Spirit of Orléans
Fraudulent Exorcism plot perpetrated by Franciscan monks in Orléans, France, for money.
In the 16th century, it was custoMary to follow certain procedures in funeral rites that gave employment to mendicant monks. Soon after a person’s death, funeral criers were hired to go about a town and proclaim the death, urge people to pray, and announce the time and place of the burial. Monks were hired for the funeral procession to carry lights. An elaborate procession, with many hired monks, enhanced the importance of the deceased and the family.
In 1534, the wife of the mayor of Orléans died. She had specified in her will that she did not wish to have an elaborate funeral and burial with a large procession and huge crowd. Her husband honored her wishes, and so no monks were hired. Instead, the woman was buried at the Franciscan church with only her husband and father in attendance. Her husband paid the monks six gold pieces, far less than they had hoped to earn.
The monks might have let it pass, save for another insult. Not long afterward, the mayor had some trees cut down to sell as logs. The Franciscans asked for free wood, and he refused. They decided to get revenge by convincing him that the soul of his wife was damned and required exorcisms. A novice monk was stationed above the vault of the church. Late at night, when the monks arrived to pray, he made a great racket. Adjurations and exorcisms were to no avail. Instead, he made noises to indicate that he was a mute spirit.
With this fiction established by performance, the monks went to prominent citizens who were supporters of the Franciscans and said that a terrible thing was happening at their church. They invited people to go and see for themselves during evening prayers. The novice performed again, indicating that he could not speak but could answer questions with signs—making loud rapping noises. Through a secret hole, he could hear the questions to the “spirit” posed by the EXORCIST. Thus, the novice indicated that he was the spirit of the mayor’s dead wife, and her soul was condemned because of the heresy of her Lutheranism, and her body should be dug up and transferred to another place.
The monks asked the witnesses to sign a record to this effect. However, the citizens refused out of fear of offending the mayor. Nonetheless, the monks moved house to conduct their masses elsewhere, a practice they were entitled to do if a church had been profaned and needed purification. The bishop sent a judge and committee of noted persons to investigate. The judge ordered that the exorcisms be performed in his presence and that someone climb up into the vault to see whether any spirit could be detected. The monks objected, saying that the spirit of the dead woman should not be disturbed. Nor would they perform the exorcisms in the presence of the judge. The mayor reported all of this to the king of France, who sent members of the Parisian senate to investigate. Other investigators were sent by Chancelor Anton du Prat, a cardinal and papal legate to France. The monks were summoned to Paris and interrogated, but they refused to cooperate, hiding behind religious privileges and immunities. The novice kept his silence, fearing death at the hands of the monks if he betrayed them, until the king promised him immunity and said he would not be sent back to the Franciscans if he told the truth. The novice confessed all and repeated his confession in the presence of his fellow conspirators. The monks were returned to Orléans and sent to jail. They were paraded through town and forced to confess their crime in public.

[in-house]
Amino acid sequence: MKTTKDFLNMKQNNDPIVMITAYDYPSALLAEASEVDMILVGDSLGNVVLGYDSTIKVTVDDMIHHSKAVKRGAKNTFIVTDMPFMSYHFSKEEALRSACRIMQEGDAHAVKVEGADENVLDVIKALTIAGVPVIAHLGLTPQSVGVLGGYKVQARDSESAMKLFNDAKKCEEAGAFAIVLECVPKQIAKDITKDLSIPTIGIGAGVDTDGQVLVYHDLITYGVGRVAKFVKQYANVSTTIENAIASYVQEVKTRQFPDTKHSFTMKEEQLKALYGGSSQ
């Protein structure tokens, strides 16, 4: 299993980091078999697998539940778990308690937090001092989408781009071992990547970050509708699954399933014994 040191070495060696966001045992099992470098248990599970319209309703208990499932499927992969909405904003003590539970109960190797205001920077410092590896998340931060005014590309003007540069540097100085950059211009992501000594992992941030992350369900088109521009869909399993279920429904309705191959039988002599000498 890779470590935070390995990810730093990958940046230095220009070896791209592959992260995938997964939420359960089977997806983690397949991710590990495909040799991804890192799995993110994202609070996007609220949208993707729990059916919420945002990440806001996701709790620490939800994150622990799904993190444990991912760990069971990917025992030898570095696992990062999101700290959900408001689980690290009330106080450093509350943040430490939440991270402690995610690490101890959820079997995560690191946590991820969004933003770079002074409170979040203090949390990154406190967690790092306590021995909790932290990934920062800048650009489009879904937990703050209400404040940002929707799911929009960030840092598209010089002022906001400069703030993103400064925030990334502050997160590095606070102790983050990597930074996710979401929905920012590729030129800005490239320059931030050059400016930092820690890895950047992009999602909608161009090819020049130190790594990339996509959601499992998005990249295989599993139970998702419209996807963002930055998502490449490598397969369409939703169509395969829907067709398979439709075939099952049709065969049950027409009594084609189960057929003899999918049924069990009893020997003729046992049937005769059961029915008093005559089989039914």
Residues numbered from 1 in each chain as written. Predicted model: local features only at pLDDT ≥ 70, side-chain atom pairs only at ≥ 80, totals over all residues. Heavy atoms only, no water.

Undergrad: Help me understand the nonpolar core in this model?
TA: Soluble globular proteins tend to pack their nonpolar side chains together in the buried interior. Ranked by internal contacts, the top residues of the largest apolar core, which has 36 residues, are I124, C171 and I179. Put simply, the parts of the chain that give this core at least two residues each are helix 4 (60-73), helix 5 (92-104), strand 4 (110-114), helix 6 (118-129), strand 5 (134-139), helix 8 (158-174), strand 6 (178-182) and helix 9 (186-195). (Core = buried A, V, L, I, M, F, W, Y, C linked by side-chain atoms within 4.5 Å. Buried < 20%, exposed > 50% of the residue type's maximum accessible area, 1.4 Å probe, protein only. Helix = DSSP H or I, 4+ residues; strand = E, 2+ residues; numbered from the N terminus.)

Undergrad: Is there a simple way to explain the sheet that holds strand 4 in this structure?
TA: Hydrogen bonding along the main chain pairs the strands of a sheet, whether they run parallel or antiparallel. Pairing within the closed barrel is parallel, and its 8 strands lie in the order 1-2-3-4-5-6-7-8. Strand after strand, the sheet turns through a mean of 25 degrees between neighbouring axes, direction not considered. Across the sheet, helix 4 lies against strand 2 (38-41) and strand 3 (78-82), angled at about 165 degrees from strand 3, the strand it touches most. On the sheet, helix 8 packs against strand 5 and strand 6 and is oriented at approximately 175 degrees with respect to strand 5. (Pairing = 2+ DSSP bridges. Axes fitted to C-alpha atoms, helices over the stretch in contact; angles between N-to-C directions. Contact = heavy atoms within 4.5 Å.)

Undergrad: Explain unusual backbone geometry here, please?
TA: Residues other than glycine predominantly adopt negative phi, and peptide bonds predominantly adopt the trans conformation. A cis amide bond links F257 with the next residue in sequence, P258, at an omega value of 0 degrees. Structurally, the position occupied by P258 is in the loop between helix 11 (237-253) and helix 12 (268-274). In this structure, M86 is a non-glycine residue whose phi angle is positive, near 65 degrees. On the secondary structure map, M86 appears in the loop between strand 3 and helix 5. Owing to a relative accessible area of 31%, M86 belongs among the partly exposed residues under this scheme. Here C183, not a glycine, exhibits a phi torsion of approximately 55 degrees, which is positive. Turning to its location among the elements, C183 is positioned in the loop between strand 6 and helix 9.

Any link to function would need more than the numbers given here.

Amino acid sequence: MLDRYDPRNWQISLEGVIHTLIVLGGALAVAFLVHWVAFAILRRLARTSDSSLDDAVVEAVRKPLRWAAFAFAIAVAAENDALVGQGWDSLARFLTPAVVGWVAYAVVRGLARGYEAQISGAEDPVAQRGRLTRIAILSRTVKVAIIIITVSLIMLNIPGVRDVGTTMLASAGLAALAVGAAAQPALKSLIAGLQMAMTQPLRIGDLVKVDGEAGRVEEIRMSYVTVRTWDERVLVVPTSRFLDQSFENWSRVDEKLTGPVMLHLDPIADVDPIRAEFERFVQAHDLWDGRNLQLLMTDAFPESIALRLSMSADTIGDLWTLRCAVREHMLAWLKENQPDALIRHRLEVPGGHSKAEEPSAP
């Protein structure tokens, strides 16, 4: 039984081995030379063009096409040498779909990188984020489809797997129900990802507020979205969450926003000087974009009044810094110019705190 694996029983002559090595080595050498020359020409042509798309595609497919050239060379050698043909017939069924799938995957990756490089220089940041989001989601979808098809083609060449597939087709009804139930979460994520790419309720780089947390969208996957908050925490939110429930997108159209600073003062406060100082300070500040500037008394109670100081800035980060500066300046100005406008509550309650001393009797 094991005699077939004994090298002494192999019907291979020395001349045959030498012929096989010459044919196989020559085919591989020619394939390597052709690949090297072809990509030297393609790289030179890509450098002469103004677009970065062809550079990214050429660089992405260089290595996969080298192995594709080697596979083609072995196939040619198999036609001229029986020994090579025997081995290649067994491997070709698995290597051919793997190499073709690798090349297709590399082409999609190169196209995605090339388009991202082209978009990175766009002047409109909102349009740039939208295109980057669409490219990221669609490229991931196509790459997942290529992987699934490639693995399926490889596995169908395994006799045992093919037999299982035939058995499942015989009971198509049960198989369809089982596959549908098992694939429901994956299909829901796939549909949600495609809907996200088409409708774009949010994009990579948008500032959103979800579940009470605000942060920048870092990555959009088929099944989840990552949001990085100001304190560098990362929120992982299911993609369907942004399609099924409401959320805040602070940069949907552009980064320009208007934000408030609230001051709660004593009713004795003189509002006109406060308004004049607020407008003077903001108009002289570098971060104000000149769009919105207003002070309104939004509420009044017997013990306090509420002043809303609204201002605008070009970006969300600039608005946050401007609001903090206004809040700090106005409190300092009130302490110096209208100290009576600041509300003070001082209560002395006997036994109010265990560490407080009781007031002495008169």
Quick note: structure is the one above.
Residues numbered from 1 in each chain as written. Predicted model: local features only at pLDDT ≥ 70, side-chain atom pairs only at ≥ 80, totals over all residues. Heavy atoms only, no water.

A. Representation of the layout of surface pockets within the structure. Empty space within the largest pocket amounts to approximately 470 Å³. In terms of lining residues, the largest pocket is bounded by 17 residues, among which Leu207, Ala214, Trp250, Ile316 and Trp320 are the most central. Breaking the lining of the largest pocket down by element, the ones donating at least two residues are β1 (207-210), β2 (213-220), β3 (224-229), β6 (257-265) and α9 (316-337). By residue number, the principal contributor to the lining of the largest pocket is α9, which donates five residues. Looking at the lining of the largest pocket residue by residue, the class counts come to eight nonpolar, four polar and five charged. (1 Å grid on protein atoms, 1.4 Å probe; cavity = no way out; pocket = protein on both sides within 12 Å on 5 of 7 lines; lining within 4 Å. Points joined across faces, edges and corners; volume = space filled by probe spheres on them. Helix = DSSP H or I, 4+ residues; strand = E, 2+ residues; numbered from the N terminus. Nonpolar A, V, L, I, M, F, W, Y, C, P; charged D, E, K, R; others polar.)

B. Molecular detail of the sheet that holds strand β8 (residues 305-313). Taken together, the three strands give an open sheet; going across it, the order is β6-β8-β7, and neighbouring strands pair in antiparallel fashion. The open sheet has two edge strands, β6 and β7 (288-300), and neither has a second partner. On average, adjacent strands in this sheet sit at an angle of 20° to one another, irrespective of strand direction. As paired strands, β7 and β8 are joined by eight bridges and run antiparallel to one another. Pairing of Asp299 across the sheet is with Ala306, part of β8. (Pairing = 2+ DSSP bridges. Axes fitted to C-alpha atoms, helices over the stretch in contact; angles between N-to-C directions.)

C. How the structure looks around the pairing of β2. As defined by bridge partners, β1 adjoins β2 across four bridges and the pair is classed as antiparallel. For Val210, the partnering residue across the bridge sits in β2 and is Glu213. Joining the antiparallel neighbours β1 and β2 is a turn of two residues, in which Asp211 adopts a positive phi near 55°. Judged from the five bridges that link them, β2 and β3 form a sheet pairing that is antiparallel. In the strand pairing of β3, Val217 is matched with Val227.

The incident became the basis for a proverb whenever a lie was told: “It’s the spirit of Orléans.”
– Weyer, Johann. On Witchcraft (De praestigiis daemonum). Abridged. Edited by Benjamin G. Kohl and H. C. Erik Midelfort. Asheville, N.C.: Pegasus Press, 1998.